Binge Eating Disorder: Teen Version

What is binge eating?

Binge eating is an eating problem that causes you to eat large amounts of food within a short time. It is one of the most common eating disorders. When you binge, you cannot control your eating. It is not just a matter lack of willpower or poor eating habits. Binge eaters do not usually throw up (purge) or exercise too much after they eat. Usually binge eaters are overweight. Binge eating disorder can lead to high blood pressure, high cholesterol levels, tiredness, joint pain, diabetes, gallbladder disease, and heart disease.

What is the cause?

The exact cause of this disorder is not known. It may be related to problems with the chemicals in the brain that control mood and appetite.

You may be at risk of developing binge eating disorder if you:

  • Have a history of physical or sexual abuse
  • Have a family history of eating disorders
  • Have a family or personal history of depression, anxiety, or bipolar disorder

Many things such as stress, depression, loneliness, or anger can start a binge.

Binge eating often starts in the late teenage years or early adult years. It affects both males and females, but is a little more common in females.

What are the symptoms?

During a binge, you may eat 10,000 to 20,000 calories in a single day, rather than the average amount of 1,500 to 3,000 calories per day. Binges include foods like cookies, candy, chips, ice cream, and other high calorie foods. Most people with this problem do not binge on healthy foods, such as vegetables.

Binge eating usually involves at least 3 of the following:

  • Eating much faster than normal
  • Eating until you feel uncomfortably full
  • Eating large amounts of food when you are not physically hungry, as a way to deal with other problems
  • Eating in secret because you are embarrassed by how much you eat
  • Feeling disgusted, depressed, or very guilty after overeating

How is it diagnosed?

Your healthcare provider will ask about your symptoms and medical history and examine you. He will ask about your eating patterns.

How is it treated?

Treatment involves learning healthy eating habits. Your healthcare provider may suggest that you meet with a dietician to create a healthy eating plan. You may need therapy to help you change how you think about yourself and food.

Cognitive behavior therapy (CBT) is a way to help you identify and change views you have of yourself, the world, and the future. CBT can make you aware of unhealthy ways of thinking. It can also help you learn new thought and behavior patterns.

Your healthcare provider may prescribe medicine to help reduce constant thoughts about food. Medicines that help reduce depression and anxiety may help binge eating.

You may think constantly about weight and food for many years. Even after you reach a healthy weight, you may need to continue treatment for many months. Being under a lot of stress can cause the symptoms to get worse. The earlier you seek treatment, the more successful it is likely to be.

How can I take care of myself?

  • Get support. Talk with family and friends. Join a support group in your area.
  • Learn to manage stress. Ask for help at home and work when the load is too great to handle. Find ways to relax, for example, take up a hobby, listen to music, watch movies, or take walks. Try deep breathing exercises when you feel stressed.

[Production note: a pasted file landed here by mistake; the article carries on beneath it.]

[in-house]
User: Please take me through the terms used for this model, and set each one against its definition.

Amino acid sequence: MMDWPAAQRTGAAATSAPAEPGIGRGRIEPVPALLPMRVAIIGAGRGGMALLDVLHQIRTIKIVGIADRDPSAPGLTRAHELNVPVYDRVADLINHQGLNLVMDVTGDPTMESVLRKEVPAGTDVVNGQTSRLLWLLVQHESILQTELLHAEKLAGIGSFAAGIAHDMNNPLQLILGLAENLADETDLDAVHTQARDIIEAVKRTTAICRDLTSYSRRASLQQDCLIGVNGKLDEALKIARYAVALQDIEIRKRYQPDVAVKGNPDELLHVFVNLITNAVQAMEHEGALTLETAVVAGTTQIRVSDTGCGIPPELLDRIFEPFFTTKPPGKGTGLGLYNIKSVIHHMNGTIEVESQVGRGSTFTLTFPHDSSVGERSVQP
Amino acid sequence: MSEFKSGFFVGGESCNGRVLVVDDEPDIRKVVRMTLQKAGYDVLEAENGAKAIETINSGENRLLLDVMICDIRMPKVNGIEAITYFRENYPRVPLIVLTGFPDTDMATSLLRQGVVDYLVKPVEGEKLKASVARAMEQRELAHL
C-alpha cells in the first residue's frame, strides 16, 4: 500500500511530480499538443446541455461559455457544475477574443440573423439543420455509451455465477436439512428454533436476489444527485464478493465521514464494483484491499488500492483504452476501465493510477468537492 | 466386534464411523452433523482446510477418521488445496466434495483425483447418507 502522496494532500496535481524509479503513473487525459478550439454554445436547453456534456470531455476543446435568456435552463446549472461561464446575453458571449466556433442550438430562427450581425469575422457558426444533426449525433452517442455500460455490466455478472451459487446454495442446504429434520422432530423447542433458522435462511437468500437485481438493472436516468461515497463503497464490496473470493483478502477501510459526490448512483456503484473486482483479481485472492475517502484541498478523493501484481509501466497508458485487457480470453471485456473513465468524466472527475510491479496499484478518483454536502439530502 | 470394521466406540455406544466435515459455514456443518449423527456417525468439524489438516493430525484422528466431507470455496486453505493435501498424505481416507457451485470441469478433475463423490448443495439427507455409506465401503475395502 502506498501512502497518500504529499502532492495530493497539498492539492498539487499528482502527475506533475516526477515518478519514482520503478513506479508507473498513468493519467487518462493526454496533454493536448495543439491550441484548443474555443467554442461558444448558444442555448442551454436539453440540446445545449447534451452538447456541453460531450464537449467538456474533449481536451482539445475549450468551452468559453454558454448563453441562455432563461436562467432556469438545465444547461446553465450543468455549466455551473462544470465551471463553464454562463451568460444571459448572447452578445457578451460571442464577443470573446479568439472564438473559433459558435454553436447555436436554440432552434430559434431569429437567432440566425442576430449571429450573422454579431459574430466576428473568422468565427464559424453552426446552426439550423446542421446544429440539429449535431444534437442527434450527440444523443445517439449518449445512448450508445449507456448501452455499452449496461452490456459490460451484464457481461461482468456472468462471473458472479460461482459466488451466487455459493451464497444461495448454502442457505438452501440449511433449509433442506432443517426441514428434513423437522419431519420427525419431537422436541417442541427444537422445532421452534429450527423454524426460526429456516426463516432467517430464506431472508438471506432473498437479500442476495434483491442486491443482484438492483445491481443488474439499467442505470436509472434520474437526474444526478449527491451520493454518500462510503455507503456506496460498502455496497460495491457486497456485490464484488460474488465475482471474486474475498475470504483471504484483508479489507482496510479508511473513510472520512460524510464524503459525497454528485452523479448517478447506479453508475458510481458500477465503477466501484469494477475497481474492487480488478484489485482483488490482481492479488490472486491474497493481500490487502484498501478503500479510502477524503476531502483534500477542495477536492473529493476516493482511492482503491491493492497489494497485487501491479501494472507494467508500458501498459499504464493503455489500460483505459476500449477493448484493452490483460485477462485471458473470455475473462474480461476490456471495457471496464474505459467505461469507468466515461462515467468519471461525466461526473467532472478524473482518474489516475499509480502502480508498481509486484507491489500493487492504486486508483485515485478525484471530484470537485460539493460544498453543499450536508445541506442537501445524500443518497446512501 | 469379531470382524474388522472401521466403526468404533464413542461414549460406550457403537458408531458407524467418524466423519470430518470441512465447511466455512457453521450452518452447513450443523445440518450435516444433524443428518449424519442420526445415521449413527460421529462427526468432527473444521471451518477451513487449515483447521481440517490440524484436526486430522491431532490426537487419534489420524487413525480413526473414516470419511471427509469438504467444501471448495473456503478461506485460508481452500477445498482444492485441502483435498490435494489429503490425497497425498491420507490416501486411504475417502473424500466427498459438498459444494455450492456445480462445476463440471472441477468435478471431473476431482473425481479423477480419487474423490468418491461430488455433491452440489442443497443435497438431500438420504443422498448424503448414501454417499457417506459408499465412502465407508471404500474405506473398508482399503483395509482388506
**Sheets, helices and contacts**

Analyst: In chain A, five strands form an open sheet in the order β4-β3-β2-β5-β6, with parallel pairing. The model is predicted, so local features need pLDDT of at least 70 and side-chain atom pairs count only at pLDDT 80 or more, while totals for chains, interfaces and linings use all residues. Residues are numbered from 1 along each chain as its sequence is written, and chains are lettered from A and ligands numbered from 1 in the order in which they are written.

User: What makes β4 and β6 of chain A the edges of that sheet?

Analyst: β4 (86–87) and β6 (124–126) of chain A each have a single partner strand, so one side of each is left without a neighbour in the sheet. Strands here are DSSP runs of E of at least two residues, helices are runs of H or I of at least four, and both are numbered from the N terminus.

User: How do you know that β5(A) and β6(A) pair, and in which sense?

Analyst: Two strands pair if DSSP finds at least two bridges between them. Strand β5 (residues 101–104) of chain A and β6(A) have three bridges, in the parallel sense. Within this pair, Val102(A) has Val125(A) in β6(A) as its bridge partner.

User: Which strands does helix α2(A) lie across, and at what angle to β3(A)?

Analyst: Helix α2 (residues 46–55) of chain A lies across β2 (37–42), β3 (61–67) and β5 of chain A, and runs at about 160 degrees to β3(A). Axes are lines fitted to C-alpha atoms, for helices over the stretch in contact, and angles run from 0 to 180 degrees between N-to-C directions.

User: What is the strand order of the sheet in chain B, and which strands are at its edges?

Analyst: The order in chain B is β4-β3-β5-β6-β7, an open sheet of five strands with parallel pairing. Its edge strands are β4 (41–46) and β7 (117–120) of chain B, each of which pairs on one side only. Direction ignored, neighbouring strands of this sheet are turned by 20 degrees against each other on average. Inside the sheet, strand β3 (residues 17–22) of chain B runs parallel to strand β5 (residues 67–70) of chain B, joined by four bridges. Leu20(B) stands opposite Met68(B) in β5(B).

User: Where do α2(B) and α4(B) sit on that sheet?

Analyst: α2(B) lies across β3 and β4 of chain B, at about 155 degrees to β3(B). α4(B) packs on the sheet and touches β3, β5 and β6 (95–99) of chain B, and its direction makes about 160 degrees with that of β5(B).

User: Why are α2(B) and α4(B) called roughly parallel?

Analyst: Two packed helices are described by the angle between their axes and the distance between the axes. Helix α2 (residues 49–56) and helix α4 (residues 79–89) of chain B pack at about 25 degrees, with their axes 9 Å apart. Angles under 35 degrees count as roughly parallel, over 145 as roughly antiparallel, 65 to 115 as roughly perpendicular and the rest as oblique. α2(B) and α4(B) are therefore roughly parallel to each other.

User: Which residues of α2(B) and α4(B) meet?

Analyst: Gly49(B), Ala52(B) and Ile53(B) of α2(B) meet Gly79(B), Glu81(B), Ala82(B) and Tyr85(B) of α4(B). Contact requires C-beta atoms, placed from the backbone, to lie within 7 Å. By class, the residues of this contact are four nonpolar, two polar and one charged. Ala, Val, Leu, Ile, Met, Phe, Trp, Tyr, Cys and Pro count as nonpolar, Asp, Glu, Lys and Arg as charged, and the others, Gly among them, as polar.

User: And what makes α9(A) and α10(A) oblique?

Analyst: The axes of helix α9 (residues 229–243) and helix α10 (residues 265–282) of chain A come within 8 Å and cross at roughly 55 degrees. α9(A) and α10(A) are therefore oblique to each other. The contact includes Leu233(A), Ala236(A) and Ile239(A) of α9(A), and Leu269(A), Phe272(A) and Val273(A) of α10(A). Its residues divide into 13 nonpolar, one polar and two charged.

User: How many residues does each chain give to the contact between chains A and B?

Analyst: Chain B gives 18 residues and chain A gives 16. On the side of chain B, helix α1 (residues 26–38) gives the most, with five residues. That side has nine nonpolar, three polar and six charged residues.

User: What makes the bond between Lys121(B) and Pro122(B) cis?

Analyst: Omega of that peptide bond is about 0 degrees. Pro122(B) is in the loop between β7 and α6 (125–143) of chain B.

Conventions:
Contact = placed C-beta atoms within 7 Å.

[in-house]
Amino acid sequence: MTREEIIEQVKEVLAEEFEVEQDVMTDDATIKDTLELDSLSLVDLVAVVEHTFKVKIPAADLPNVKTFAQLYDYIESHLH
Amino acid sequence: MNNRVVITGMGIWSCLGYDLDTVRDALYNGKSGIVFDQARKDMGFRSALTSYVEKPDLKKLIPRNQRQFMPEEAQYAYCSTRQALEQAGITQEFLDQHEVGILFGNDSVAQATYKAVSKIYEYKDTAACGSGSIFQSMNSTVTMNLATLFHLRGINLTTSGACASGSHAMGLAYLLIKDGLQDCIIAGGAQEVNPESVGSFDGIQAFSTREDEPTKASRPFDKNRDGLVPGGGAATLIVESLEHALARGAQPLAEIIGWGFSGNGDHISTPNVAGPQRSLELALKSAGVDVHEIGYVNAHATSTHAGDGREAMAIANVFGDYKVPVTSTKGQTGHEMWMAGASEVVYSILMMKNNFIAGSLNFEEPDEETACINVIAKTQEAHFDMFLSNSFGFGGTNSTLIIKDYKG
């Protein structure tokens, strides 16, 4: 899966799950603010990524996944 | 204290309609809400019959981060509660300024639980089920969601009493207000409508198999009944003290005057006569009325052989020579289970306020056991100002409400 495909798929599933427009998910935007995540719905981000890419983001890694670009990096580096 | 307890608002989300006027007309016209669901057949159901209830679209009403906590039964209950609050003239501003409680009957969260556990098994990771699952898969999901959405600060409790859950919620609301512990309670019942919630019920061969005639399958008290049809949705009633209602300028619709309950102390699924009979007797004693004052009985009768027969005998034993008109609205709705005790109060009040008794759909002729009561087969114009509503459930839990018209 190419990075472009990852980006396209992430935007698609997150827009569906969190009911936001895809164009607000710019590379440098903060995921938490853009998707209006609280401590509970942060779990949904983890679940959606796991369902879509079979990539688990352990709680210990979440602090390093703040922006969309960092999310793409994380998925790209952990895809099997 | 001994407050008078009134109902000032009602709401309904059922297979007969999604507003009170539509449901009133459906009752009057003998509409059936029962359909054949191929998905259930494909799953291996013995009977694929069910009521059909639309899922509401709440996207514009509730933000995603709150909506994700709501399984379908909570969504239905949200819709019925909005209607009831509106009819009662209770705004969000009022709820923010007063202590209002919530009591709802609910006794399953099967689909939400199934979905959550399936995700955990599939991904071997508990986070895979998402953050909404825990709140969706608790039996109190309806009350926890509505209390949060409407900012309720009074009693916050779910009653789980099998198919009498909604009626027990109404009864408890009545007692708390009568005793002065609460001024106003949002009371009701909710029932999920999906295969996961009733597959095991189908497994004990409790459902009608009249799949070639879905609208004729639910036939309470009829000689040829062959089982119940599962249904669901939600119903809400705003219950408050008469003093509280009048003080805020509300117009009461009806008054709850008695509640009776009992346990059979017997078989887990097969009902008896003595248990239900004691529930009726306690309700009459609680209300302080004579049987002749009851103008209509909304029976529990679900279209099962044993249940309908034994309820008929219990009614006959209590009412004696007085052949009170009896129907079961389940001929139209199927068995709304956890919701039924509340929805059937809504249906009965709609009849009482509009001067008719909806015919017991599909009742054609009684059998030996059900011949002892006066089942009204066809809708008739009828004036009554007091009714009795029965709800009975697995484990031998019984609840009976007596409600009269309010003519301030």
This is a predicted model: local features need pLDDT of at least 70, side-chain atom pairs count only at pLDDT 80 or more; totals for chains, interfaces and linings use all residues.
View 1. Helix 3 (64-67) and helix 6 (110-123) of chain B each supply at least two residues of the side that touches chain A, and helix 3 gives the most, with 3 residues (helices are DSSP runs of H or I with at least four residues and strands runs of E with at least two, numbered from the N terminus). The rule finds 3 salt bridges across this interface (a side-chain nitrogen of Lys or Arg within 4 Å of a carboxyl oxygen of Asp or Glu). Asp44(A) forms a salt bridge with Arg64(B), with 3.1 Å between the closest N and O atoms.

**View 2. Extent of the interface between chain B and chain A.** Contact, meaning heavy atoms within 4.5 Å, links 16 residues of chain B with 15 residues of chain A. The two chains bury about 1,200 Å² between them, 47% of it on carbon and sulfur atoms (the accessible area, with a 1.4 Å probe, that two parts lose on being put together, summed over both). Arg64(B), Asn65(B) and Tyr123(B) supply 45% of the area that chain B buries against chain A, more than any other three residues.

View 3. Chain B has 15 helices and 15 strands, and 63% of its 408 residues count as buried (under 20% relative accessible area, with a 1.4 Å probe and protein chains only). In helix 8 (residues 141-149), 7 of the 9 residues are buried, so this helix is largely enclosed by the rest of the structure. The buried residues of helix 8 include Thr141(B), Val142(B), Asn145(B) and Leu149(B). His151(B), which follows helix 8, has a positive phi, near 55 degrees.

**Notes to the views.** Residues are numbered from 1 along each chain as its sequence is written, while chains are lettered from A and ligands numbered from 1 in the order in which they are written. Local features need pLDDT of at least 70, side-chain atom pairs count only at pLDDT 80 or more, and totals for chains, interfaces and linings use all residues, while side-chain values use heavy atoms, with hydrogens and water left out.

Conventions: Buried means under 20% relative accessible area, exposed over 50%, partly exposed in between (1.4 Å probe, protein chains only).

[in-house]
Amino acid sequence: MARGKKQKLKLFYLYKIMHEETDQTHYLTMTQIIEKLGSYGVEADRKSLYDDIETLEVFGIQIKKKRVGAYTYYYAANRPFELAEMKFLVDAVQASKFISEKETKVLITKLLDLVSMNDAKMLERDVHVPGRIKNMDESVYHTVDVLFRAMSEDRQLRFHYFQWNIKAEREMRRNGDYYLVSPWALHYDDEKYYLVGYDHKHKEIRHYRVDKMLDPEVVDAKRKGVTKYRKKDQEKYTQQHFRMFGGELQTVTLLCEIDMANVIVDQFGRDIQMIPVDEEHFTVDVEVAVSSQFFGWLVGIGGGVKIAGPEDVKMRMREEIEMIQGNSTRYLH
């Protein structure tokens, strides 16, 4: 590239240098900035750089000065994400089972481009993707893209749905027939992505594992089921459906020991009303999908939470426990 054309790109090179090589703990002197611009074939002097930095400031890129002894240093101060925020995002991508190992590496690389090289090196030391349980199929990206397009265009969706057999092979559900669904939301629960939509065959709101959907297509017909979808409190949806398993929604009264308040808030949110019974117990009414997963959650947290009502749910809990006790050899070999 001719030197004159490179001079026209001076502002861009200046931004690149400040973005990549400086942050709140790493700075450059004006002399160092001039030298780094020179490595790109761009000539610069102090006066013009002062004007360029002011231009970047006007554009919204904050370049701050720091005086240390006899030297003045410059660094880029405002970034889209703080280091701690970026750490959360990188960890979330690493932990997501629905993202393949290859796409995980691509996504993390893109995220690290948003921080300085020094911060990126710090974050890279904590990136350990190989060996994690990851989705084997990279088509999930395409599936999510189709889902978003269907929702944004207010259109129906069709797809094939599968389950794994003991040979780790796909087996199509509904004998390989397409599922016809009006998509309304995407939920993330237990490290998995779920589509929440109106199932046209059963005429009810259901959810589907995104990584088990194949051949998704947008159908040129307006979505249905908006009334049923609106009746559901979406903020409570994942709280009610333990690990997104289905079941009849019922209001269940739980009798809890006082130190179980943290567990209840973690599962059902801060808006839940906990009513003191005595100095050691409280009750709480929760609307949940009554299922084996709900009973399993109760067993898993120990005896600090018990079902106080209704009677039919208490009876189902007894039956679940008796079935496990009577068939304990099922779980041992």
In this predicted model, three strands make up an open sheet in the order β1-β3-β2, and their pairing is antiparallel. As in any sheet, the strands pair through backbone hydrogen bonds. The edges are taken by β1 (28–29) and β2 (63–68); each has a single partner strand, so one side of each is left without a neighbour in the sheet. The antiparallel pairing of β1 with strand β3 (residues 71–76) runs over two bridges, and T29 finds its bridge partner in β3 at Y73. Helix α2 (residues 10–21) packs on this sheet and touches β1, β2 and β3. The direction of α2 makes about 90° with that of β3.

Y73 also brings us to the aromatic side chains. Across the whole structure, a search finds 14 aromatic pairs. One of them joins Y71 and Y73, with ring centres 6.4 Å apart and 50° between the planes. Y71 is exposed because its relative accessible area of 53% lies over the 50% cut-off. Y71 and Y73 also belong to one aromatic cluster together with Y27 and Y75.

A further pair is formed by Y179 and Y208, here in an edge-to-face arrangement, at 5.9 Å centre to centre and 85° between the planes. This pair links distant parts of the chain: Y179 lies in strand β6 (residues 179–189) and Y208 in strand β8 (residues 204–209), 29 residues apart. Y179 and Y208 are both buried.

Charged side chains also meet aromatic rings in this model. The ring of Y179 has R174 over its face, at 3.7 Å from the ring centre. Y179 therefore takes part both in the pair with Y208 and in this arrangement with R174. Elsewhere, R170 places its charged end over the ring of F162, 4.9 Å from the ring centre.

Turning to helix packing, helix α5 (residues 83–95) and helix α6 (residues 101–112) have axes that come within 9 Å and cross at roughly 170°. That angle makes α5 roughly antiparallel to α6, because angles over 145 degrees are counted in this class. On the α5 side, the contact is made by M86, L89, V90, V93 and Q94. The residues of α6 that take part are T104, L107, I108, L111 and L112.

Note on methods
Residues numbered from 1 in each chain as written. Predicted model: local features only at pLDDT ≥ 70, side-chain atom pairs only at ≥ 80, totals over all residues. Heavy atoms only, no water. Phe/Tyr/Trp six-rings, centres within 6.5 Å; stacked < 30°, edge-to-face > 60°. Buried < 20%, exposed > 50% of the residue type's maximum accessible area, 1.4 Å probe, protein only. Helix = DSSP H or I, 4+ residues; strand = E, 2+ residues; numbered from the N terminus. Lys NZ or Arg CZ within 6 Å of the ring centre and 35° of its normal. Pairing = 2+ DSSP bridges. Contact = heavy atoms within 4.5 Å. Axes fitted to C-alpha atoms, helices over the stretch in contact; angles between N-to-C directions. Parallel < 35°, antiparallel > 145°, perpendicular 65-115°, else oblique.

• Take care of your physical health. Try to get at least 7 to 9 hours of sleep each night. Limit caffeine. If you smoke, quit. Avoid alcohol and drugs. Exercise according to your healthcare provider’s instructions.

    Plan your meals ahead of time and eat only at regular meal times. Eat a healthy diet. Do not keep foods around that may start binge eating. Avoid fad diets or very restrictive diets.

    Keep a food diary. Write down when you eat, how you are feeling, how hungry you are, what you eat, and how much you eat. Keeping a food diary can help identify the feelings that cause binge eating.

  • Check your medicines. To help prevent problems, tell your healthcare provider and pharmacist about all of the medicines, natural remedies, vitamins, and other supplements that you take. Take all medicines as directed by your provider or therapist. It is very important to take your medicine even when you are feeling and thinking well. Without the medicine, your symptoms may not improve or may get worse. Talk to your provider if you have problems taking your medicine or if the medicines don’t seem to be working. Take mineral and vitamin supplements as recommended by your healthcare provider.
  • Contact your healthcare provider or therapist if you have any questions or your symptoms seem to be getting worse. See your healthcare provider regularly to have your weight, blood pressure, heart rate, and temperature checked.

Get emergency care if you or a loved one has serious thoughts of suicide or harming others.

For more information, contact:

Developed by RelayHealth.
Pediatric Advisor 2015.1 published by RelayHealth.
Last modified: 2013-09-11
Last reviewed: 2013-09-11
This content is reviewed periodically and is subject to change as new health information becomes available. The information is intended to inform and educate and is not a replacement for medical evaluation, advice, diagnosis or treatment by a healthcare professional.
Copyright ©1986-2015 McKesson Corporation and/or one of its subsidiaries. All rights reserved.

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